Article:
Meanwhile, Qualcomm plans to ship to the commercial market in Q2 2017. This is a bit off on the horizon, but it will certainly make Intel's next launch even more interesting. Qualcomm hasn't released many details of its new chip, such as memory controllers or cache alignments, but we expect more details to emerge as the company moves closer to the full launch. For now, Qualcomm will need to focus on technology enablement and ecosystem development that will likely begin with hyperscale customers, which are the true ingredients needed for a successful data center strategy.

  • manleysteele
    Wouldn't the Xeon Phi be the logical comparison for this Tech?
    Reply
  • Nintendork
    When just money can't provide intel the competitive part, intel is in a pinch. The 3D Nand joint venture with micron is a huge fail, 3D-Xpoint/Optane failed the promises.

    AMD coming big with Zen, AMD-SAMSUNG coming big with their own version of non-volatile ram.
    Reply
  • JamesSneed
    These are ARM CPU's so I guess there is no direct comparison.
    Reply
  • killerchickens
    Just what I need for my next phone. ;)
    Reply
  • manleysteele
    18972735 said:
    When just money can't provide intel the competitive part, intel is in a pinch. The 3D Nand joint venture with micron is a huge fail, 3D-Xpoint/Optane failed the promises.

    AMD coming big with Zen, AMD-SAMSUNG coming big with their own version of non-volatile ram.

    Intel is scared of AMD and Samsung the same way I'm scared of shrews. Not at all. Besides that, what does your post have to do with the subject?
    Reply
  • bit_user
    Unless it's Samsung, I think the quoted process node isn't truly superior to Intel's 14+ node.

    The more important point will be to focus on benchmarks & real-world performance. In those areas, I think they'll have a tough fight on their hands.

    I think it's safe to say that per-core performance won't match Broadwell. I also wonder whether they have multiple threads, since such a high core-count means there will be a lot of stalls while waiting for memory reads/writes. So, even if the cores were more comparable to Broadwell, there might be little real-world benefit from having 48 of these vs. the 24-core/48-thread Xeons.

    On the other hand, perhaps these cores are more comparable to the Silvermont Atom cores found in the latest Xeon Phi (with up to 72 cores / 288 threads). And unless the Centriq has HBM2 or HMC2, I think it's no match for the KNL Xeon Phi.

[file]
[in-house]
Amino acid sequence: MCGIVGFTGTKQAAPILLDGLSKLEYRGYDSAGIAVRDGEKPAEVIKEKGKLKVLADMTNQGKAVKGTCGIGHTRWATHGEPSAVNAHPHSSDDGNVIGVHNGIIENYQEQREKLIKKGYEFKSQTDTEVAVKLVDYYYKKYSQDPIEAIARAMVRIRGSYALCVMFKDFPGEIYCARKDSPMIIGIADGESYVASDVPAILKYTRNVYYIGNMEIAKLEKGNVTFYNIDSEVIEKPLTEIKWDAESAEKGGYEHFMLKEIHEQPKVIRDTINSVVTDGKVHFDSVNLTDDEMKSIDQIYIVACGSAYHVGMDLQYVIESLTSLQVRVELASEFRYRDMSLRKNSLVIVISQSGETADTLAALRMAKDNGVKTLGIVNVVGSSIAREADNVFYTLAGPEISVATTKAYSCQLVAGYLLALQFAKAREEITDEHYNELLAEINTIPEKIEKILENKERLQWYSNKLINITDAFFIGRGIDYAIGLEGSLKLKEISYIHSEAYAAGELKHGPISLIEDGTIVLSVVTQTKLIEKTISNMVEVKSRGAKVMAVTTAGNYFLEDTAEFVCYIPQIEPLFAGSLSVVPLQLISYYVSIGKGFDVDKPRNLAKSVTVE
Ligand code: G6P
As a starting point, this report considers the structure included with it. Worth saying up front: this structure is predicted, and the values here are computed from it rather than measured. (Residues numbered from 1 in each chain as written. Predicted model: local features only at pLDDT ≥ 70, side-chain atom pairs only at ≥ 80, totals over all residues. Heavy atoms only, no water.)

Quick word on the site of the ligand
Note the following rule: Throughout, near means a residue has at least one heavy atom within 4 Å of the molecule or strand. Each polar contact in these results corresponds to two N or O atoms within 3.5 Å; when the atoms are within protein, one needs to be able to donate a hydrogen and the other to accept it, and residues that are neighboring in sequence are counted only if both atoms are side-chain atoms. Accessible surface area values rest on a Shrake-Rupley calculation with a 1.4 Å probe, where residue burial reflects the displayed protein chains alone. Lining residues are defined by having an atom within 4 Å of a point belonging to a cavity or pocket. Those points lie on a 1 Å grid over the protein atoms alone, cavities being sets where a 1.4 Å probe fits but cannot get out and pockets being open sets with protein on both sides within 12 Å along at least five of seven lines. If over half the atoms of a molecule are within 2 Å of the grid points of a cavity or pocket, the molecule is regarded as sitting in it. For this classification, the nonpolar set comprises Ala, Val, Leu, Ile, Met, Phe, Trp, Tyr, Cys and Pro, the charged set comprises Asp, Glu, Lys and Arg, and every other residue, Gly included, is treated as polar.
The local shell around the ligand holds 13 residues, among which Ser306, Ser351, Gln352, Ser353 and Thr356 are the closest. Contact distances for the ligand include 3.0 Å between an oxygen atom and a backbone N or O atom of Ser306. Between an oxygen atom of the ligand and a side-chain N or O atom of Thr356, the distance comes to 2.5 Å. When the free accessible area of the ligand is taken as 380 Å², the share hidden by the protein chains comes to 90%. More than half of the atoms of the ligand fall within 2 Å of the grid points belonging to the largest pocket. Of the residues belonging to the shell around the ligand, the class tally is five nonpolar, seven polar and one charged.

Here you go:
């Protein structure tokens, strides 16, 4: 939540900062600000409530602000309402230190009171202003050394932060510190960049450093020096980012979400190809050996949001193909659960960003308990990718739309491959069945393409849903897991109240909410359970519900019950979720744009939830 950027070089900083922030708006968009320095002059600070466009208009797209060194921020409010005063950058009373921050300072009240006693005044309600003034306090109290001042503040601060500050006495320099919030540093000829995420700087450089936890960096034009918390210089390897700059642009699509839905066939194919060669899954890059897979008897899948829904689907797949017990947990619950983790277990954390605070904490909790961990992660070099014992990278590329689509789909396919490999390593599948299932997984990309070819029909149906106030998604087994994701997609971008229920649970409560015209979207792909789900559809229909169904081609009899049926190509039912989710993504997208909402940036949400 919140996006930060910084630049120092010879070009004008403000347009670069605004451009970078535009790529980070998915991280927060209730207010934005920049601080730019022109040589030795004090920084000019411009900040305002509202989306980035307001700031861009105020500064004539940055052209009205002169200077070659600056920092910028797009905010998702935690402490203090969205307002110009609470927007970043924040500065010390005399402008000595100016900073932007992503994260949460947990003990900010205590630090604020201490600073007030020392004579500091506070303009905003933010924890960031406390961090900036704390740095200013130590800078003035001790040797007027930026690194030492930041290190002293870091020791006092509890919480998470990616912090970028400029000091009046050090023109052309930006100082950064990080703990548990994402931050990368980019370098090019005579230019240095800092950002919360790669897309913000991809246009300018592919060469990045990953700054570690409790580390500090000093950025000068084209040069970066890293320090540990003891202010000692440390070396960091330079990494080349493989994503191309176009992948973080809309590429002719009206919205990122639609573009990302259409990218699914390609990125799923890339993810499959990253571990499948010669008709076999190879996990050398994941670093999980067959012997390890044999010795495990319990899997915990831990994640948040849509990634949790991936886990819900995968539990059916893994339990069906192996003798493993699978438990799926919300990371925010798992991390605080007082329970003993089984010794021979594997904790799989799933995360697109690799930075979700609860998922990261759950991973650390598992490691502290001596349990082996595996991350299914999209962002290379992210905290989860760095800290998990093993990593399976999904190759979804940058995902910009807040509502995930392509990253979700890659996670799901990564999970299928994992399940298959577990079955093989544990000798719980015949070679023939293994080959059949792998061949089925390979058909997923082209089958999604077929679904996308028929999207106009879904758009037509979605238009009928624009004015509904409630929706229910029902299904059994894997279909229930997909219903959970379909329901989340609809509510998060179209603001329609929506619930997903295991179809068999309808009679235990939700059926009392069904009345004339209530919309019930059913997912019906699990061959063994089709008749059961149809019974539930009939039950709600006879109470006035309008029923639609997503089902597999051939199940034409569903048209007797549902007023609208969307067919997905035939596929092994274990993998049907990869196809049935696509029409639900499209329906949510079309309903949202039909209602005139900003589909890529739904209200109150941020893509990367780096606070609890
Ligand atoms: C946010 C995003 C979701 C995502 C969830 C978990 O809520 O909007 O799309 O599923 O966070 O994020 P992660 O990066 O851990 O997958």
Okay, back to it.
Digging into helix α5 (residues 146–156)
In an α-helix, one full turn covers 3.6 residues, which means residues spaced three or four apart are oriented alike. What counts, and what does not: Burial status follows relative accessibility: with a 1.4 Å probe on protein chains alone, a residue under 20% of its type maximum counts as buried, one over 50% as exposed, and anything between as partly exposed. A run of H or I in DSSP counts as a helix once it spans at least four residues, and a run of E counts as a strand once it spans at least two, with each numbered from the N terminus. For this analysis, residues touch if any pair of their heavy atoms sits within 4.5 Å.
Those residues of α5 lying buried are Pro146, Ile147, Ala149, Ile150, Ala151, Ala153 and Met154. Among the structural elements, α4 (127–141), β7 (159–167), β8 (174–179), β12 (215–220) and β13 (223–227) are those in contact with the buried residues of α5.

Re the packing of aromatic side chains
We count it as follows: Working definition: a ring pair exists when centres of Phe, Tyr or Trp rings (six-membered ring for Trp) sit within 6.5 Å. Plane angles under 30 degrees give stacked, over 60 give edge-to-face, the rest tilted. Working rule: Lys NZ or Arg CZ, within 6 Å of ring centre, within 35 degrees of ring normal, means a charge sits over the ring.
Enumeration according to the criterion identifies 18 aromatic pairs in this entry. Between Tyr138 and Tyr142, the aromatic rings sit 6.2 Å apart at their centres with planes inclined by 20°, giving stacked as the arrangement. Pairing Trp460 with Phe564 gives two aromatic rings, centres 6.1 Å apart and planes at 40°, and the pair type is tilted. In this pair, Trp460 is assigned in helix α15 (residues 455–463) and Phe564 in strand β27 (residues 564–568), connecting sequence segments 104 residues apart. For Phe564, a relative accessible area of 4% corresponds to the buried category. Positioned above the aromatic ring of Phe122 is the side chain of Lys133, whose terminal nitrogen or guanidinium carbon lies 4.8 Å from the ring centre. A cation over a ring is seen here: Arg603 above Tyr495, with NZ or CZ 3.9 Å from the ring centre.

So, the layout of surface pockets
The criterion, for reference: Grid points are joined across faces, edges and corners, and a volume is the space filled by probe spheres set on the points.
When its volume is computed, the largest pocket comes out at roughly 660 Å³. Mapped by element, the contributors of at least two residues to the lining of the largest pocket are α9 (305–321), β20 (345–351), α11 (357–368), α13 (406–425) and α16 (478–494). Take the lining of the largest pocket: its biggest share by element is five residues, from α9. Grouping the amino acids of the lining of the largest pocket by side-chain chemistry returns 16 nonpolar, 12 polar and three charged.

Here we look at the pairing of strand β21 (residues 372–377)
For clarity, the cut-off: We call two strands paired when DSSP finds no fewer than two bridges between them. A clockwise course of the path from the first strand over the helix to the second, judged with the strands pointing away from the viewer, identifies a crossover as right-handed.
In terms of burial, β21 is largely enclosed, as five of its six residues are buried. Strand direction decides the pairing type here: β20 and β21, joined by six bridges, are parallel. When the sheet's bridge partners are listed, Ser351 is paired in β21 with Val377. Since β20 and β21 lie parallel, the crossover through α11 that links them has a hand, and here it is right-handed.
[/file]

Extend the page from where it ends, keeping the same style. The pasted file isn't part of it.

Reply
  • InvalidError
    18972688 said:
    Wouldn't the Xeon Phi be the logical comparison for this Tech?
    That's what I was thinking too.

    Having twice the core count isn't that impressive when each core is less than half as powerful on its own. Simpler cores do tend to be more power-efficient when the workload scales well with core count though, which is usually the case for datacenters.
    Reply
  • manleysteele
    18973221 said:
    18972688 said:
    Wouldn't the Xeon Phi be the logical comparison for this Tech?
    That's what I was thinking too.

    Having twice the core count isn't that impressive when each core is less than half as powerful on its own. Simpler cores do tend to be more power-efficient when the workload scales well with core count though, which is usually the case for datacenters.

    Certainly, power costs over time are important in server farms. The obvious question is power cost at a level of compute performance. If it takes 3 or 4 of these SOC's to make similar levels of performance your cost savings are out the window.

    I've been watching this all play out for 40 years. The superior replacement for the Intel architecture has come and gone too many times to easily count. The big problem is a huge installed base of critical software that won't run on anything else without huge investments of redesigning and reprogramming. I'll wait until someone solves that problem before I worry too much about it.
    Reply
  • bit_user
    18973221 said:
    Having twice the core count isn't that impressive when each core is less than half as powerful on its own.
    But we don't know how they compare.

    18973221 said: